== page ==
With gains in first-quarter sales of 38.6% (+32.5% expressed in local currencies), Sika was off to a lightning-fast start in fiscal 2006. Net sales rose from CHF 598 mil. to CHF 829 mil. Adjusted for acquisitions, the sales gain, denominated in Swiss francs, amounted to 23.7%. All acquisitions relate to the company’s Construction Division. In addition to favorable currency effects (+6.1 percentage points), the sales increase benefited from the Sarnafil, Fosroc New Zealand and Polyment Germany acquisitions (+14.9 percentage points) and broadly-supported internal growth (+17.6 percentage points) in all regions and both divisions.

Performance by Divisions

Expressed in Swiss francs, Construction Division net sales climbed 46.2%, from CHF 422 mil. in the first quarter of 2005 to CHF 617 mil. in the corresponding period this year. Of this gain, CHF 106 mil. (+25.1 percentage points) is due to organic growth, and CHF 89 mil. (+21.1 percentage points) to acquisitions.

While all Construction Division markets contributed to the upturn, it was especially spurred by sales to distributors, manufacturers of ready-mix concrete and precast concrete elements. The cooperative Sika Sarnafil process is moving ahead according to plan.

Industry Division sales rose from CHF 176 mil. to CHF 212 mil. or 20.5%. Like Construction, the Industry Division achieved two-digit growth rates in all markets. Gains were most pronounced in the fenestration market.

Our Sikaflex® and Sika® ViscoCrete® product groups are foremost pillars of our business expansion.


Two-digit growth prevailed in all regions.

Expressed in Swiss francs, North America led with an advance of up 90.7% of which the Sarnafil acquisition accounts for +48.0 percentage points.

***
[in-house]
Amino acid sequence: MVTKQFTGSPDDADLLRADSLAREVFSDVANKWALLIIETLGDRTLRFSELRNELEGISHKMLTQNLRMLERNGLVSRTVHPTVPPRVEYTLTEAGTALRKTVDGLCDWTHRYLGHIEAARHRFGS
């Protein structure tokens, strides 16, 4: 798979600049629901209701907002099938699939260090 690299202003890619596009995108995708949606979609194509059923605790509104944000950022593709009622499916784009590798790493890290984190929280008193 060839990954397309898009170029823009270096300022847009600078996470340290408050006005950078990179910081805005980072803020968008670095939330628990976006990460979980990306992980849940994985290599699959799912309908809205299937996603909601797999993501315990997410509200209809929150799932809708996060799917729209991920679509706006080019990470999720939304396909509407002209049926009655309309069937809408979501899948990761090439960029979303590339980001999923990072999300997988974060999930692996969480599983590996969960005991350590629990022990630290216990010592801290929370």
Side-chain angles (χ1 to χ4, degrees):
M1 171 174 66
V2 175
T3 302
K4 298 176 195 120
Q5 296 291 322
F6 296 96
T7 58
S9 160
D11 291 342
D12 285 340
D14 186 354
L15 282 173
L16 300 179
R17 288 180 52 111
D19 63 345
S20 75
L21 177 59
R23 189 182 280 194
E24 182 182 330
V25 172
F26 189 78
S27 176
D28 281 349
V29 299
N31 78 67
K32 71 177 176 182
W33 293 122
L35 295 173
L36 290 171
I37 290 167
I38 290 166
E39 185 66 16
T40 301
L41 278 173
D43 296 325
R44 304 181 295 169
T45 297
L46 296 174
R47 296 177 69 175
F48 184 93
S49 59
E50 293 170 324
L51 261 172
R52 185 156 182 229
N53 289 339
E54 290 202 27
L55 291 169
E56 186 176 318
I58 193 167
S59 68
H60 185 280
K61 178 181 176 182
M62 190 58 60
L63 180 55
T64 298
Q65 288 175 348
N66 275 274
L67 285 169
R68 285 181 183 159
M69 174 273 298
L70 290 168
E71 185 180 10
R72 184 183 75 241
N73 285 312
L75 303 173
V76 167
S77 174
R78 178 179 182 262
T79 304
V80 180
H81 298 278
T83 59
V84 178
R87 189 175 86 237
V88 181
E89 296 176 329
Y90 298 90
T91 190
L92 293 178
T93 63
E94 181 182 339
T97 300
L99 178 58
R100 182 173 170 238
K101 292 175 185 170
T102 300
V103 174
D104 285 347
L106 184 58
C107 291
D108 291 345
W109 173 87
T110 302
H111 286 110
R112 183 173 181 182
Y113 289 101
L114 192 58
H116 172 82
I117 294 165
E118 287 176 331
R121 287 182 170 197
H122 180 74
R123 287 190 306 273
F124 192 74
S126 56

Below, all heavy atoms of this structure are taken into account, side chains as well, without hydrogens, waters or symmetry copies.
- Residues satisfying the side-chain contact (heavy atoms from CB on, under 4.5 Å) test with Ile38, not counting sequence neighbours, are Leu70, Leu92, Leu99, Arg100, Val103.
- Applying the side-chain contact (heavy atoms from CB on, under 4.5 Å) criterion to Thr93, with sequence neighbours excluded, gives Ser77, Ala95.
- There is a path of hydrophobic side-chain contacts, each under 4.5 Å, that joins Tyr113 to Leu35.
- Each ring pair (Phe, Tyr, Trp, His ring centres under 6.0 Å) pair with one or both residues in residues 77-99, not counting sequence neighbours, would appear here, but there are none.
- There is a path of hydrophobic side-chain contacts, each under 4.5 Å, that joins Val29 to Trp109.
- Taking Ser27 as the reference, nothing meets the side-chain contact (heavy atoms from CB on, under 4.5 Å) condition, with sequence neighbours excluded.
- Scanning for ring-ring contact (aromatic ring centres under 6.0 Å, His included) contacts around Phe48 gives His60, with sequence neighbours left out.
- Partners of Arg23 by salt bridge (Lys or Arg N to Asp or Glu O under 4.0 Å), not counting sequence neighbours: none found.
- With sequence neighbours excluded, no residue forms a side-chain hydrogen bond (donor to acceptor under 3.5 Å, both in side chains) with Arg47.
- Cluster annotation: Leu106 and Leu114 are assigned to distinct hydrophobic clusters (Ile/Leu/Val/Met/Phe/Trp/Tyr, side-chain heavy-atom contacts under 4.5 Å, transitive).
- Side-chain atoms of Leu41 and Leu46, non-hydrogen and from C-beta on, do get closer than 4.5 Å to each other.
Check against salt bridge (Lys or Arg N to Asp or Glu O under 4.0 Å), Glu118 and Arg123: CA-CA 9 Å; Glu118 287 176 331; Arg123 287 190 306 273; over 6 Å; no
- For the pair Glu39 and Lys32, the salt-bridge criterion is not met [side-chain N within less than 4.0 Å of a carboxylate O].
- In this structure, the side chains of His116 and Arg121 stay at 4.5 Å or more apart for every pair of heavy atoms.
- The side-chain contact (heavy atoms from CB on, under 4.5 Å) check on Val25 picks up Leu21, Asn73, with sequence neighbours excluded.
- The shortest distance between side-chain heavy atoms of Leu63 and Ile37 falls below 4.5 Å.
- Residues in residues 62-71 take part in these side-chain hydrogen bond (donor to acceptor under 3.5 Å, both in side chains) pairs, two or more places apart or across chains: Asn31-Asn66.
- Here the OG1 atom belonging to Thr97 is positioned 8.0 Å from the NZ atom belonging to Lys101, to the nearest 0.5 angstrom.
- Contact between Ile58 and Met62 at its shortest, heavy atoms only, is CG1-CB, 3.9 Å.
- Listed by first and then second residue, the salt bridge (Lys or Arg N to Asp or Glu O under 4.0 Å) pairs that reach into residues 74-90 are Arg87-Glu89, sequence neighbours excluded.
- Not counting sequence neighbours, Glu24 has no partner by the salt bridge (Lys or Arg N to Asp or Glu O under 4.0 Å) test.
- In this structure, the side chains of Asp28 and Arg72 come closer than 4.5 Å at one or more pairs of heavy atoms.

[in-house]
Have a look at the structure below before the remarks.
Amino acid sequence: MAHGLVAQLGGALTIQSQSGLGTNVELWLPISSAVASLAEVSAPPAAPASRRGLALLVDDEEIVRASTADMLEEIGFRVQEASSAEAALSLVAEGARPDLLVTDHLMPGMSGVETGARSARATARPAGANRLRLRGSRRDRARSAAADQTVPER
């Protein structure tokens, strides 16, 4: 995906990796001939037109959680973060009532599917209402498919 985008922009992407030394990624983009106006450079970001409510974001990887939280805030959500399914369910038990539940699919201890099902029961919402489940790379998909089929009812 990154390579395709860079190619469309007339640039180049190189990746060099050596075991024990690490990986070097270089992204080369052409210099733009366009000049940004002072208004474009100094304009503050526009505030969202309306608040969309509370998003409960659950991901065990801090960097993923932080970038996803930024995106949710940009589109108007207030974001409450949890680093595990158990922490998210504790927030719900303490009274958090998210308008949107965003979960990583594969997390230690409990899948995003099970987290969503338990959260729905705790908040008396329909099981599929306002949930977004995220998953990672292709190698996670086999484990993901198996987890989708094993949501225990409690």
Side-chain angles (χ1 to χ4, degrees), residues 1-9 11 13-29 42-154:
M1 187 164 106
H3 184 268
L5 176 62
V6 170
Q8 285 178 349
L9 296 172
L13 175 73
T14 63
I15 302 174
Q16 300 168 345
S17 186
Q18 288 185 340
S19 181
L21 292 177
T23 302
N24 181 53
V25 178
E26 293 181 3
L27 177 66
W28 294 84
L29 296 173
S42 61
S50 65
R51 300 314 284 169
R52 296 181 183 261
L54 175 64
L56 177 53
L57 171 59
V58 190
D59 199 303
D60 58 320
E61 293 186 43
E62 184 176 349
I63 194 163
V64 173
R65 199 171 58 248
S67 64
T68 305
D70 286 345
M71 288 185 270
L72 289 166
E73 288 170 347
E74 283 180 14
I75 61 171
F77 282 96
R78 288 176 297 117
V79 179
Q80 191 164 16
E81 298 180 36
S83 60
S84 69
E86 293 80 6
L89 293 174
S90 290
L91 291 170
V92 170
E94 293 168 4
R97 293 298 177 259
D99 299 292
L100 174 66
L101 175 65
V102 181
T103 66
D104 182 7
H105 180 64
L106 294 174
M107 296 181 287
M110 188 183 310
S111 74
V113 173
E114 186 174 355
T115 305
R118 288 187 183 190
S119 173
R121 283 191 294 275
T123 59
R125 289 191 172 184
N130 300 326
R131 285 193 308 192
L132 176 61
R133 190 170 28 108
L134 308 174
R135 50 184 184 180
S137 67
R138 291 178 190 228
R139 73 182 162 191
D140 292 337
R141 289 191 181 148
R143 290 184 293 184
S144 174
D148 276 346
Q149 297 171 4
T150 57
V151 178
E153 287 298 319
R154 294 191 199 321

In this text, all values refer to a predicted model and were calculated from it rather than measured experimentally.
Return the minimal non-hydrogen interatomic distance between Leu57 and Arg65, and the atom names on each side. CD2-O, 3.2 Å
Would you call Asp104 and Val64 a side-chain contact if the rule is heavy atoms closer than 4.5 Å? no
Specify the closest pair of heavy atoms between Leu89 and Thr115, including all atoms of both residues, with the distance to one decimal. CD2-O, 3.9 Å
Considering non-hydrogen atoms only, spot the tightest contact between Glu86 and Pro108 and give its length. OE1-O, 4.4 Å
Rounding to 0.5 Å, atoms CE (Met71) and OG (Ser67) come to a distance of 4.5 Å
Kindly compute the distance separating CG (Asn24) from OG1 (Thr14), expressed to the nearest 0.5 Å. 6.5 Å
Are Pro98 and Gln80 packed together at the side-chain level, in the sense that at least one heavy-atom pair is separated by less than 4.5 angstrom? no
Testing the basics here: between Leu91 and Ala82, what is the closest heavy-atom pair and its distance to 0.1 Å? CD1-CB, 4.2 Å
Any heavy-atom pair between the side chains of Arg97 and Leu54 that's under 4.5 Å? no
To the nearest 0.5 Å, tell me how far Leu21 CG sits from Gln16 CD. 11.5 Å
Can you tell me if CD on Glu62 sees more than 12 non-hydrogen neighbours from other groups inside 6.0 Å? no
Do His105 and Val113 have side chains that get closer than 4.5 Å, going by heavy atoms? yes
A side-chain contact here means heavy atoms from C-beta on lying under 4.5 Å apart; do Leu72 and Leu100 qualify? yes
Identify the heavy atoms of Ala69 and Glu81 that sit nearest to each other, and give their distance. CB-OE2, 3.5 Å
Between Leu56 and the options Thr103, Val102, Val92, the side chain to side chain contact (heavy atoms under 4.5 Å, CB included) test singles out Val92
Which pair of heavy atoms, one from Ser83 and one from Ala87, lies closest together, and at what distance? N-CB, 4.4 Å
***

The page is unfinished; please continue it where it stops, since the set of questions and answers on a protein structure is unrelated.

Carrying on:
Sales in Latin America were up 51.1%. At about 20% the positive currency effects in Latin America as well as North America were significant.

In the Europe North and Europe South regions, sales, denominated in Swiss francs, increased by 28.2% and 30.7% respectively. In Europe North acquisitions contributed 12.7 percentage points to the expansion and 10.4 percentage points in Europe South.

The Asia Pacific region achieved 28.2% higher sales of which 9.0 percentage points were provided by the Sarnafil and Fosroc New Zealand acquisitions.


Sika is benefiting from invigorated markets. Should this dynamic persist, this year’s sales growth, exclusive of the Sarnafil acquisition effect, is likely to exceed 10%. Sika net sales will surpass the CHF 3.5 billion level in 2006. Raw material prices are increasing again. Sika will attempt to pass the higher costs to customers, although this will only be possible with a certain time lag.

In 2006 we anticipate a slightly disproportional gain in EBIT and consolidated net profit. The launch of 2006 may be described as a success; it prompts our optimism. Yet before year-end, there will be uncertainties respecting raw material prices to face and to be managed.